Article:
In the case of LME, we fitted the model

$$\begin{aligned} Y_{ij} & = \beta_{0} + \beta_{1} \times {\text{age}}_{ij} + \beta_{2} \times {\text{gender}}_{i} + \beta_{3} \times {\text{cohort}}2003_{i} \\ & \quad + \beta_{4} \times {\text{cohort}}2007_{i} + \beta_{5} \times {\text{cohort}}2010_{i} + \beta_{6} \times {\text{cohort}}2014_{i} \\ & \quad + \beta_{7} \times {\text{gender}}_{i} \times {\text{age}}_{ij} + \beta_{8} \times {\text{cohort}}2003_{i} \times {\text{age}}_{ij} \\ & \quad + \beta_{9} \times {\text{cohort}}2007_{i} \times {\text{age}}_{ij} + \beta_{10} \times {\text{cohort}}2010_{i} \times {\text{age}}_{ij} \\ & \quad + \beta_{11} \times {\text{cohort}}2014_{i} \times {\text{age}}_{ij} + \beta_{12} \times {\text{age}}_{ij}^{2} + b_{i0} + b_{i1} \times {\text{age}}_{ij} + \varepsilon_{ij} \\ \end{aligned}$$

where Yij is the physical functioning score for subject i in the jth survey round, the β’s are the fixed-effect coefficients, and the b terms are the individual random-effect coefficients assumed to be distributed as (bi0, bi1)’ \(\mathop \sim\limits^{i.i.d.} N\left( {0, \mathop \sum \nolimits_{b} } \right)\) and εij\(\sim N\left( {0, \sigma_{\varepsilon }^{2} } \right)\) is the error of the jth observation for subject i. Fixed-effect coefficients determine the mean physical functioning score, and the random effects describe inter-individual variation around the mean. Stata/SE 15.1 for Windows was used to fit the GEE and LME models (with the commands xtgee and mixed).

Finally, in the case of the joint model, we used the R package JM developed by Rizopoulos (2010) to estimate the joint parameters for the longitudinal process and survival process. The longitudinal model for the physical functioning score was specified with an approach identical to the LME model. The physical functioning score was used as the outcome in the longitudinal part of the joint model, and its modelled mean was utilised as a covariate in the survival model. The other factors considered were gender and cohort. For the survival part of the joint model, a relative risk (proportional hazards) model was used (Rizopoulos 2012):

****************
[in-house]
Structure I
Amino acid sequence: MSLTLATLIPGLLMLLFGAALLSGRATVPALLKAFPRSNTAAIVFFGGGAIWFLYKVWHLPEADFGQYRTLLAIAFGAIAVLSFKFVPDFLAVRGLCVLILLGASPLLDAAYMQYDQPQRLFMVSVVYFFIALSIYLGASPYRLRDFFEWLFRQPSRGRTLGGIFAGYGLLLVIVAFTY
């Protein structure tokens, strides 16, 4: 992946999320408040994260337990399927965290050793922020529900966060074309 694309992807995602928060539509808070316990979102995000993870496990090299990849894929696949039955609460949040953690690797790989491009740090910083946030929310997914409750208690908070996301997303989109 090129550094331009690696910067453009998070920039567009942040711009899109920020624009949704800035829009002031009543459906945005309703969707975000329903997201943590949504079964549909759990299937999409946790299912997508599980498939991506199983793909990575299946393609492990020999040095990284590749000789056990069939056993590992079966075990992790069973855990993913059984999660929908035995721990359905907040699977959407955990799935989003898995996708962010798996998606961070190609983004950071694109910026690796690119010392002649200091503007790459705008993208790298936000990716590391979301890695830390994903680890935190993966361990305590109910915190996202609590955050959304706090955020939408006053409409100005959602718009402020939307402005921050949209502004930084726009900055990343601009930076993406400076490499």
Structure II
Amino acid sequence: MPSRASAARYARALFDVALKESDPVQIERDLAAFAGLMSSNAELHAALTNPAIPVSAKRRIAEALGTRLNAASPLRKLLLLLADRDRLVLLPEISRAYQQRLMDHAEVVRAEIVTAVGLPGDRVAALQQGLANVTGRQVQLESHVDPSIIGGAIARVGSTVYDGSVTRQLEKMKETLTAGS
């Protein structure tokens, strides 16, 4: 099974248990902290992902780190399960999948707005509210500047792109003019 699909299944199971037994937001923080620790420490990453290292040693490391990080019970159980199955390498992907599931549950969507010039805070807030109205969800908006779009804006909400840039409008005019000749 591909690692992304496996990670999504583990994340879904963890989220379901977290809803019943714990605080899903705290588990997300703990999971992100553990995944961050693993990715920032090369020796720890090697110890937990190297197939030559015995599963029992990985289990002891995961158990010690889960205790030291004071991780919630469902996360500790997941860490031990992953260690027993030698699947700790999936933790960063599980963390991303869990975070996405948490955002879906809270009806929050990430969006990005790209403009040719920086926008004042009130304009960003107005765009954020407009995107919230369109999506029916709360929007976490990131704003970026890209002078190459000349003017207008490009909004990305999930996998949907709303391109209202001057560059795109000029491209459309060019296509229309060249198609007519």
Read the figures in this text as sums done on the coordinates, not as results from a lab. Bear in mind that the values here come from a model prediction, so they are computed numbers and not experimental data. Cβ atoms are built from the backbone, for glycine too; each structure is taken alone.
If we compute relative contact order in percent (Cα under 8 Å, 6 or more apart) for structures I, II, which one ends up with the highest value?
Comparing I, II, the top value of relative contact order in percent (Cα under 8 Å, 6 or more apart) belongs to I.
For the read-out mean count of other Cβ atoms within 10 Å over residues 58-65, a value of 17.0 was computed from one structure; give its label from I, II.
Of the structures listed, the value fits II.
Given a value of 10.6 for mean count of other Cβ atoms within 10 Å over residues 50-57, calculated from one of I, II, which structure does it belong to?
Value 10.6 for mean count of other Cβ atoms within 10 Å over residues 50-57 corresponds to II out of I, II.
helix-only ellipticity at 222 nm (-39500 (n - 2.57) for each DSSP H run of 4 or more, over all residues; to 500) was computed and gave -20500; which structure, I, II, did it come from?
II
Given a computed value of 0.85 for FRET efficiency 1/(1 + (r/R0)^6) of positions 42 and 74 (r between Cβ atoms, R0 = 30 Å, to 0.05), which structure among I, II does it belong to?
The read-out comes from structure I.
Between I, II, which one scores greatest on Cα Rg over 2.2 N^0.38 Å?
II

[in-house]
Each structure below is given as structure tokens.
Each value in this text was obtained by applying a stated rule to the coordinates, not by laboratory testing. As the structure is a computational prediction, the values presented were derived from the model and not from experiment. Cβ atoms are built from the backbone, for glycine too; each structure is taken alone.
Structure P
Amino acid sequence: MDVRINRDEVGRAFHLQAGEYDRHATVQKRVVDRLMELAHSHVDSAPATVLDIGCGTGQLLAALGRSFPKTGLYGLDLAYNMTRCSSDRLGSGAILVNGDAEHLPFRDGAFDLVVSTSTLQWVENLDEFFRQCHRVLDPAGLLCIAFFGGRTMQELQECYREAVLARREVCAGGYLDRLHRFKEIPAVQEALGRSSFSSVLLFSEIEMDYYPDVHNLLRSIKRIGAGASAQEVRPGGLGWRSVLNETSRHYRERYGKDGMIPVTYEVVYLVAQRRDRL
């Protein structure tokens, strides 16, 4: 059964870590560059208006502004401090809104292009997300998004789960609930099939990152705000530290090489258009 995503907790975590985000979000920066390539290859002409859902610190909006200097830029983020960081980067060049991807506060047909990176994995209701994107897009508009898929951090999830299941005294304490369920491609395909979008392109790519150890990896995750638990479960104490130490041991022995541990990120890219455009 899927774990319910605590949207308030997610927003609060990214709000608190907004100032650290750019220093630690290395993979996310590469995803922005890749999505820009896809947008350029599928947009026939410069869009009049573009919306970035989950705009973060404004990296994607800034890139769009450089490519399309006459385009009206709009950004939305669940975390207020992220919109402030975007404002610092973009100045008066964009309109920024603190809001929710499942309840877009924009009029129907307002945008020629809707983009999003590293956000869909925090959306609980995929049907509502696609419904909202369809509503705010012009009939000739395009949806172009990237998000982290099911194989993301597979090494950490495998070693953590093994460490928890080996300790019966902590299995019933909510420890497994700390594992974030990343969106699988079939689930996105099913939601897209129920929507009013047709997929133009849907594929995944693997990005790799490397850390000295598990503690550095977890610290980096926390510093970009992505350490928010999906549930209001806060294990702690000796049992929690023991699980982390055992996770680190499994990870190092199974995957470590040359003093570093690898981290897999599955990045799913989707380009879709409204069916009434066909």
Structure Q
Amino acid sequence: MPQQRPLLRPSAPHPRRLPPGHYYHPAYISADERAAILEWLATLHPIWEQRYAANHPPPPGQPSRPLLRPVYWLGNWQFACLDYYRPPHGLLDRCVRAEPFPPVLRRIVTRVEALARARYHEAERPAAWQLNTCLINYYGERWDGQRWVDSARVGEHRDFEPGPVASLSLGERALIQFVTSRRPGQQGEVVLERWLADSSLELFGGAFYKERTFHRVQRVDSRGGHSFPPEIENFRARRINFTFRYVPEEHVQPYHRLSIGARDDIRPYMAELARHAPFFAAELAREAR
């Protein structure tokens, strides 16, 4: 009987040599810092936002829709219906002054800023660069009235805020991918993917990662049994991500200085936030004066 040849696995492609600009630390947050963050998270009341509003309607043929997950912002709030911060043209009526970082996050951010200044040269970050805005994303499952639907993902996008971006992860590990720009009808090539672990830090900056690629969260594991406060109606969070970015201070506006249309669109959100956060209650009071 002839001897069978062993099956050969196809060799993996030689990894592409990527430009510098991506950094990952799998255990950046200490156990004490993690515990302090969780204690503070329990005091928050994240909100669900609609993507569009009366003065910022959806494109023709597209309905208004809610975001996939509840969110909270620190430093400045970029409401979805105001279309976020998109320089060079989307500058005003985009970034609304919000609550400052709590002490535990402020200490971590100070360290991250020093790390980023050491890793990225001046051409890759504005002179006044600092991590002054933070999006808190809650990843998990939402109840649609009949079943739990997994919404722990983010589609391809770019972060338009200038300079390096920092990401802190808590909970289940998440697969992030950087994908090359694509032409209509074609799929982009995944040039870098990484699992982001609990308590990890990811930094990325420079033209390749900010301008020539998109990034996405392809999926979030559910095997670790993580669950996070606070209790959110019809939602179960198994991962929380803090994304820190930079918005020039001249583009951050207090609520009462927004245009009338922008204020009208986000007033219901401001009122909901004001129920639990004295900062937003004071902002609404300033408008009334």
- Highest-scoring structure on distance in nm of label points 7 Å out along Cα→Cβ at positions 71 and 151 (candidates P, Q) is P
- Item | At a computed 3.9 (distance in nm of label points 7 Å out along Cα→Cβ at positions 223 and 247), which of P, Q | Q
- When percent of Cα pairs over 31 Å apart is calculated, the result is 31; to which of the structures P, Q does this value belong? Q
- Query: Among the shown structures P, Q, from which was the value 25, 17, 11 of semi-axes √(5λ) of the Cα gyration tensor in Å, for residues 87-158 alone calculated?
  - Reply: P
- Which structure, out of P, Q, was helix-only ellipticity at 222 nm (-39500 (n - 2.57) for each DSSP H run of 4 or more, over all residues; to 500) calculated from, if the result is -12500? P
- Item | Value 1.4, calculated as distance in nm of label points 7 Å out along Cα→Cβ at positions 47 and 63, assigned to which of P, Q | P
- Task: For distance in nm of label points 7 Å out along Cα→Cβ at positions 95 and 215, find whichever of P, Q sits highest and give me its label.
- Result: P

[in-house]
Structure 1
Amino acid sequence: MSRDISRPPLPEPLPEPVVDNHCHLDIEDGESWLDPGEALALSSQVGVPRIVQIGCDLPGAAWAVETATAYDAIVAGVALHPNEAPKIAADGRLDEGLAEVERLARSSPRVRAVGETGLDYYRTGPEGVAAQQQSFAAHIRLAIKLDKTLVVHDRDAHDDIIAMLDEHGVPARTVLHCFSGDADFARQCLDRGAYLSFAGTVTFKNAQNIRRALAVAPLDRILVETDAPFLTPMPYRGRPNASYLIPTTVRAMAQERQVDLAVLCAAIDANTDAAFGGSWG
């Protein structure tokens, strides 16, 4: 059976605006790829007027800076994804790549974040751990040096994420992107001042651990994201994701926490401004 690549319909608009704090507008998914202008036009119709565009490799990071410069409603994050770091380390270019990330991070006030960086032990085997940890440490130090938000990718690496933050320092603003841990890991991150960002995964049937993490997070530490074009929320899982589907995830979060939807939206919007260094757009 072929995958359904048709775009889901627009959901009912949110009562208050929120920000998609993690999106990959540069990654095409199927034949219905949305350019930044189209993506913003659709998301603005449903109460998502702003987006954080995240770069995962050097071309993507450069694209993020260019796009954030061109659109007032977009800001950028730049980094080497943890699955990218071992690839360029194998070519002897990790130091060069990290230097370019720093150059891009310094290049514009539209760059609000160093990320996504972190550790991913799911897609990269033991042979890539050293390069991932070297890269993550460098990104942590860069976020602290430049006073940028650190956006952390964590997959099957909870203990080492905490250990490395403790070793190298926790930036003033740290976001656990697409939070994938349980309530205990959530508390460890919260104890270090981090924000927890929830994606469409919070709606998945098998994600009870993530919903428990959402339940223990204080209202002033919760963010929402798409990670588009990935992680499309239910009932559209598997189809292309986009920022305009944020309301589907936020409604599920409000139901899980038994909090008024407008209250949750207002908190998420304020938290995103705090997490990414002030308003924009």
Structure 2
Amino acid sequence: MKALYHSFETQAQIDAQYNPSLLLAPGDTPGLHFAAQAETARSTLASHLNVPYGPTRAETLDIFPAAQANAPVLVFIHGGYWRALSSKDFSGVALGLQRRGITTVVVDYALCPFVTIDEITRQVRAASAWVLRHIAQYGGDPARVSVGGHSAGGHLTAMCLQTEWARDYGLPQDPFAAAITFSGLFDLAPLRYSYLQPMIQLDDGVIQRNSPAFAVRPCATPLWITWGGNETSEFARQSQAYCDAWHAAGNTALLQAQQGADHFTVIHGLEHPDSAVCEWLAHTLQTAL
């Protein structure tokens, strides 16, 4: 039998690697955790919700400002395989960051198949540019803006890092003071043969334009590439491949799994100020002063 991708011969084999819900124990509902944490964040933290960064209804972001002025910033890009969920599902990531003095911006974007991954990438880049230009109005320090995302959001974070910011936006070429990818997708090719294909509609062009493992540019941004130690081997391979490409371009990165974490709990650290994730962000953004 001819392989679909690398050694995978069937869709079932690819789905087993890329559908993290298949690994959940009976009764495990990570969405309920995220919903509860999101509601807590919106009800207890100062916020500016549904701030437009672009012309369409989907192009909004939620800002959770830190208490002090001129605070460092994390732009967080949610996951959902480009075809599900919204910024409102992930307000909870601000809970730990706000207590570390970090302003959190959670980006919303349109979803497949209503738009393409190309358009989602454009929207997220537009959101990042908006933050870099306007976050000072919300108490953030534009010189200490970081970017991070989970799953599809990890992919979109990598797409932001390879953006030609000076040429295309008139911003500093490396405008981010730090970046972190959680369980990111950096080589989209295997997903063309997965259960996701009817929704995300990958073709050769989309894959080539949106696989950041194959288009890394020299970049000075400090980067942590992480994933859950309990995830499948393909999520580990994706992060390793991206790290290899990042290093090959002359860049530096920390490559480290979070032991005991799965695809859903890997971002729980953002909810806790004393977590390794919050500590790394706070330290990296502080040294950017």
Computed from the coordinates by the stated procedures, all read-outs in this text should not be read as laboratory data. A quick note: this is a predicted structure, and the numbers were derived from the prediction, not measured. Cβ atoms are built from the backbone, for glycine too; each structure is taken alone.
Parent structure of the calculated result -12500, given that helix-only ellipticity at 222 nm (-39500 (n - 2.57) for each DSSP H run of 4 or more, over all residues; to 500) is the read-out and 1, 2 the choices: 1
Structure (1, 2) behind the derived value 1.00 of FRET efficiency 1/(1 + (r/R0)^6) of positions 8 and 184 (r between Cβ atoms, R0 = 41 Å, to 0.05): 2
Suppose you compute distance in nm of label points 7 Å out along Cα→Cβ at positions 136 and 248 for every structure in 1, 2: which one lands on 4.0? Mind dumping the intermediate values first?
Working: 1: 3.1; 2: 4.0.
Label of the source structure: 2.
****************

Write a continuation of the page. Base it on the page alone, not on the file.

$$\begin{aligned} h_{i} \left( {t|M_{i} (t),{\text{ gender}}_{i} ,{\text{ cohort}}_{i} } \right) = & h_{0} (t ) {\text{exp}}\left\{ {\gamma_{1} \times {\text{gender}}_{i} + \gamma_{2} \times {\text{cohort}}2003_{i} } \right. \\ & \quad + \gamma_{3} \times {\text{cohort}}2007_{i} + \gamma_{4} \times {\text{cohort}}2010_{i} \\ & \quad \left. { + \gamma_{5} \times {\text{cohort}}2014_{i} - \alpha m_{i} (t)} \right\} \\ \end{aligned}$$

where Mi(t) = {mi(s), 0 ≤ s < t} denotes the history of the individual-level physical functioning up to time point t, while the γ terms are the regression coefficients for gender and cohort. The baseline risk function, h0(t), is assumed to be piecewise constant with six knots, or dividing points, which are placed such that the number of observed events in the quantiles are nearly equal. The physical functioning and survival submodels are joined by the term mi(t), which is the individual-level-estimated physical functioning score at time t, and α represents its log hazard ratio. The above-mentioned joint model was fitted by using the R code supplied by Rizopoulos (2012), available also via


Summary baseline statistics for our study sample are shown in Table 1. Men accounted for about 20% of the first four cohorts and for 25% for the 2014 cohort. On average, participants in the first cohort (from 2001) were older because of how the study sample was defined: the first cohort in the study consisted of all individuals of aged 89 or over at the time of the questionnaire, whereas most respondents aged 92+ in 2003, for example, had already responded in 2001. Consequently, the 2001 cohort showed the lowest mean physical functioning figure at baseline. Nonetheless, 46% of the participants in all five cohorts appeared to be able to perform all five mobility and daily living activities, either without or with difficulty but still without help.

Table 1 Summary statistics for participants at the time of the first questionnaire: number (n) and proportion (%) of women and men and mean and standard deviation (SD) for age and physical functioning